In a move to unite fans of its popular mobile apps, the social music company Smule is launching a social network for music makers who use its apps. Now the people who use Smule apps can unite in their own community where they can share musical creations with each other.
The Smule Nation social network includes music created by fans of Smule’s apps, including Magic Piano, Ocarina, I Am T-Pain, Guitar!, and Sing! Karaoke. More than 125 million listeners have created more than 1 billion songs using Smule’s apps.
Call it the “oversharing network” — even if most of the songs aren’t Grammy-worthy material (or even worthy of your shower).
Jeffrey Smith, the chief executive of Smule, said, “A lot of those songs, including my own cover of ‘Blue Eyes Crying in the Rain,’ are not especially good. But when you have a hundred million people singing, playing, and curating the songs, a couple nuggets rise to the top. I would even say there are some seriously talented people on the network. Regardless, I think we all are having a lot of fun creating music together.
“Music is the original social network.”
And Smule wants to take music back to its roots as a social, interactive medium. Smule keeps every single copy of the songs that its users uploaded and shared with their friends over the years, starting with tracks from its Ocarina app. Now, Smule users are sharing a terabyte of content on the network every other day. Users of Sing! Karaoke are singing over 20,000 songs per hour, and Magic Piano users are playing 50,000 songs per hour.
One result of this is that Smule has had to make a big investment in cloud infrastructure. That’s a big burden. On the other hand, creating that infrastructure was the only way to find some really cool music created by amateurs all over the world.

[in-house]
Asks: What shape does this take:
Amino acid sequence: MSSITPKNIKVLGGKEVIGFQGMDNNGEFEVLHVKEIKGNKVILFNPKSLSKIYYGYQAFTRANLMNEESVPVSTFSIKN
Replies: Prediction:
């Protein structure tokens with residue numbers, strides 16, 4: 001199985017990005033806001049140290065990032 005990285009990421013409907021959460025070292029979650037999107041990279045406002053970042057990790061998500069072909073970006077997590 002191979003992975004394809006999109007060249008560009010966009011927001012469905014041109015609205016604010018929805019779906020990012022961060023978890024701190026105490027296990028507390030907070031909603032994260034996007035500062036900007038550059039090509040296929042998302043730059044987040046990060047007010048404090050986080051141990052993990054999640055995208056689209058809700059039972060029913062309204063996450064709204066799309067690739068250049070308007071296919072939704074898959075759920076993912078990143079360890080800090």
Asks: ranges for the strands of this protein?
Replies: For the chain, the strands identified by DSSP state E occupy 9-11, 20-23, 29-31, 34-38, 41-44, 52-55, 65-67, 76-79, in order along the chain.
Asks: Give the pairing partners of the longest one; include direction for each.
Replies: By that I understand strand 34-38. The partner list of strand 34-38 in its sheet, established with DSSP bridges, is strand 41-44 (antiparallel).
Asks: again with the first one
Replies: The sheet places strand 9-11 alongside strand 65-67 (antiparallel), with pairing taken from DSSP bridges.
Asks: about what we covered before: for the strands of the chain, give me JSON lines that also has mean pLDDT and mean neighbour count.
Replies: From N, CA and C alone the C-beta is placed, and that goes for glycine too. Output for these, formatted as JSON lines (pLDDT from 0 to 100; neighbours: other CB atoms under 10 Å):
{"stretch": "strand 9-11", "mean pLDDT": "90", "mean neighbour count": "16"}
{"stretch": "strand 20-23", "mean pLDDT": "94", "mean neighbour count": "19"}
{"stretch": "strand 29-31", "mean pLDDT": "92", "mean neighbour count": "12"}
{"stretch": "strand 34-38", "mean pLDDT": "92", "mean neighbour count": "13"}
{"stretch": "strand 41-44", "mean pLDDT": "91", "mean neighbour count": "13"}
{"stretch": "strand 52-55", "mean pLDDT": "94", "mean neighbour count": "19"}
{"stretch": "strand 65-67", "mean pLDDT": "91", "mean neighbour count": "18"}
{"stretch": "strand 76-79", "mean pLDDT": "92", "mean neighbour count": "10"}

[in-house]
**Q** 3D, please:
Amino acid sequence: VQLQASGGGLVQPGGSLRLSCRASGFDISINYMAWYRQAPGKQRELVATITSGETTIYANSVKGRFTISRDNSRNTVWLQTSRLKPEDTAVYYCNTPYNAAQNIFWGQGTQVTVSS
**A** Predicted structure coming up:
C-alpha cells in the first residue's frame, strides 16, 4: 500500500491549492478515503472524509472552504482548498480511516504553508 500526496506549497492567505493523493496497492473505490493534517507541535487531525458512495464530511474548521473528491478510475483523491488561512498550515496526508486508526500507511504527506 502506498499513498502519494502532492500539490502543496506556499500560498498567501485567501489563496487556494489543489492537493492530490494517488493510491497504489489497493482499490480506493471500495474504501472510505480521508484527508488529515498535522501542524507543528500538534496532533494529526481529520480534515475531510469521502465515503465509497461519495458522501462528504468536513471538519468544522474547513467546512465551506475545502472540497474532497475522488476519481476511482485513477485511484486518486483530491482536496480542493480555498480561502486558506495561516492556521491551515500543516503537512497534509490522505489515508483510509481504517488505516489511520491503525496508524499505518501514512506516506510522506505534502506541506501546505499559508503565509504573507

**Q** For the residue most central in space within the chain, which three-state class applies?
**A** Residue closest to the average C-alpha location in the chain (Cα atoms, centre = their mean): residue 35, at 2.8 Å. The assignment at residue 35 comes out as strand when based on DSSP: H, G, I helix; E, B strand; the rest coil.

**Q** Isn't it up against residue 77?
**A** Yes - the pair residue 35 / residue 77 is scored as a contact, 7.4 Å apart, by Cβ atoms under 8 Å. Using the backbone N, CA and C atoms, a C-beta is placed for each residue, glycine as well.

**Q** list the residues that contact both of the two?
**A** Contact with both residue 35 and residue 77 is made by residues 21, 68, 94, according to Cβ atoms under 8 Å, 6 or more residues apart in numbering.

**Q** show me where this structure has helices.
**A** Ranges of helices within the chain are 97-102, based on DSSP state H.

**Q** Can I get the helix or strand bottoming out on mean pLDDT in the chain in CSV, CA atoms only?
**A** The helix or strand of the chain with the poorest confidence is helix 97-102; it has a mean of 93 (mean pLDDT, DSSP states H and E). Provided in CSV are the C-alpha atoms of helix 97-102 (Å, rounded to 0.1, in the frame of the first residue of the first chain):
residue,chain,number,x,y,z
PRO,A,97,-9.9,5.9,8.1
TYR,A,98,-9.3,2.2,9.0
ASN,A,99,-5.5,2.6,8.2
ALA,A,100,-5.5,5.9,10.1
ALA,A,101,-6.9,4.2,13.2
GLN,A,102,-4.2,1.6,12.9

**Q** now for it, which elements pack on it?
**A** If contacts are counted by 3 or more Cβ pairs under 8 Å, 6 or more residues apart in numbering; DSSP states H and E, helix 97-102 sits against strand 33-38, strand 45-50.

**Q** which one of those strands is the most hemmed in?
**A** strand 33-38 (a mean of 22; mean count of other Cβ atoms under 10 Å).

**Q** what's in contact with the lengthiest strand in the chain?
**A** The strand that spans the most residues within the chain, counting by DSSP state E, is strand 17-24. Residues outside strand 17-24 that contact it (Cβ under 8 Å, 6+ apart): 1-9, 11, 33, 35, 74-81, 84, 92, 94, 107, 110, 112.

Most of the songs people create stay on that iPhone or Android device, Smith said. Maybe 10 percent or 15 percent upload songs. Smule addresses this with a way for people who don’t have those devices to listen to the songs as they are shared to the web. People can upload their songs, create their own images of themselves, and even record duets in Sing! Karaoke with someone who has posted half of a duet.
“If you find someone, you can drop in on them and get them to sing a song with you,” said Jeannie Yang, the chief product officer at Smule.
“We are opening it up so people can have universal access to all of our content,” Smith said. “A lot of the content is pretty horrible. But some of it is really good. If we get enough people curating it, commenting, rating it, then the best stuff rises to the top.
“What’s fun about it is that it is all pretty authentic. It’s raw. It’s like YouTube. It’s like a new radio channel. And that’s fun.”
The company built its apps from the start with the idea of connecting people around the world through music, said Yang. “And people formed communities around the apps as the inevitable pull of music brought people together – strangers, friends, and families.
“If you can say that you sang a song with someone, that’s a really intimate thing.”
Smule was founded in 2008 by Smith, a Stanford University doctoral student, and Stanford assistant professor Ge Wang. The company’s investors include Bessemer Venture Partners, Granite Ventures, Shasta Ventures, and Floodgate.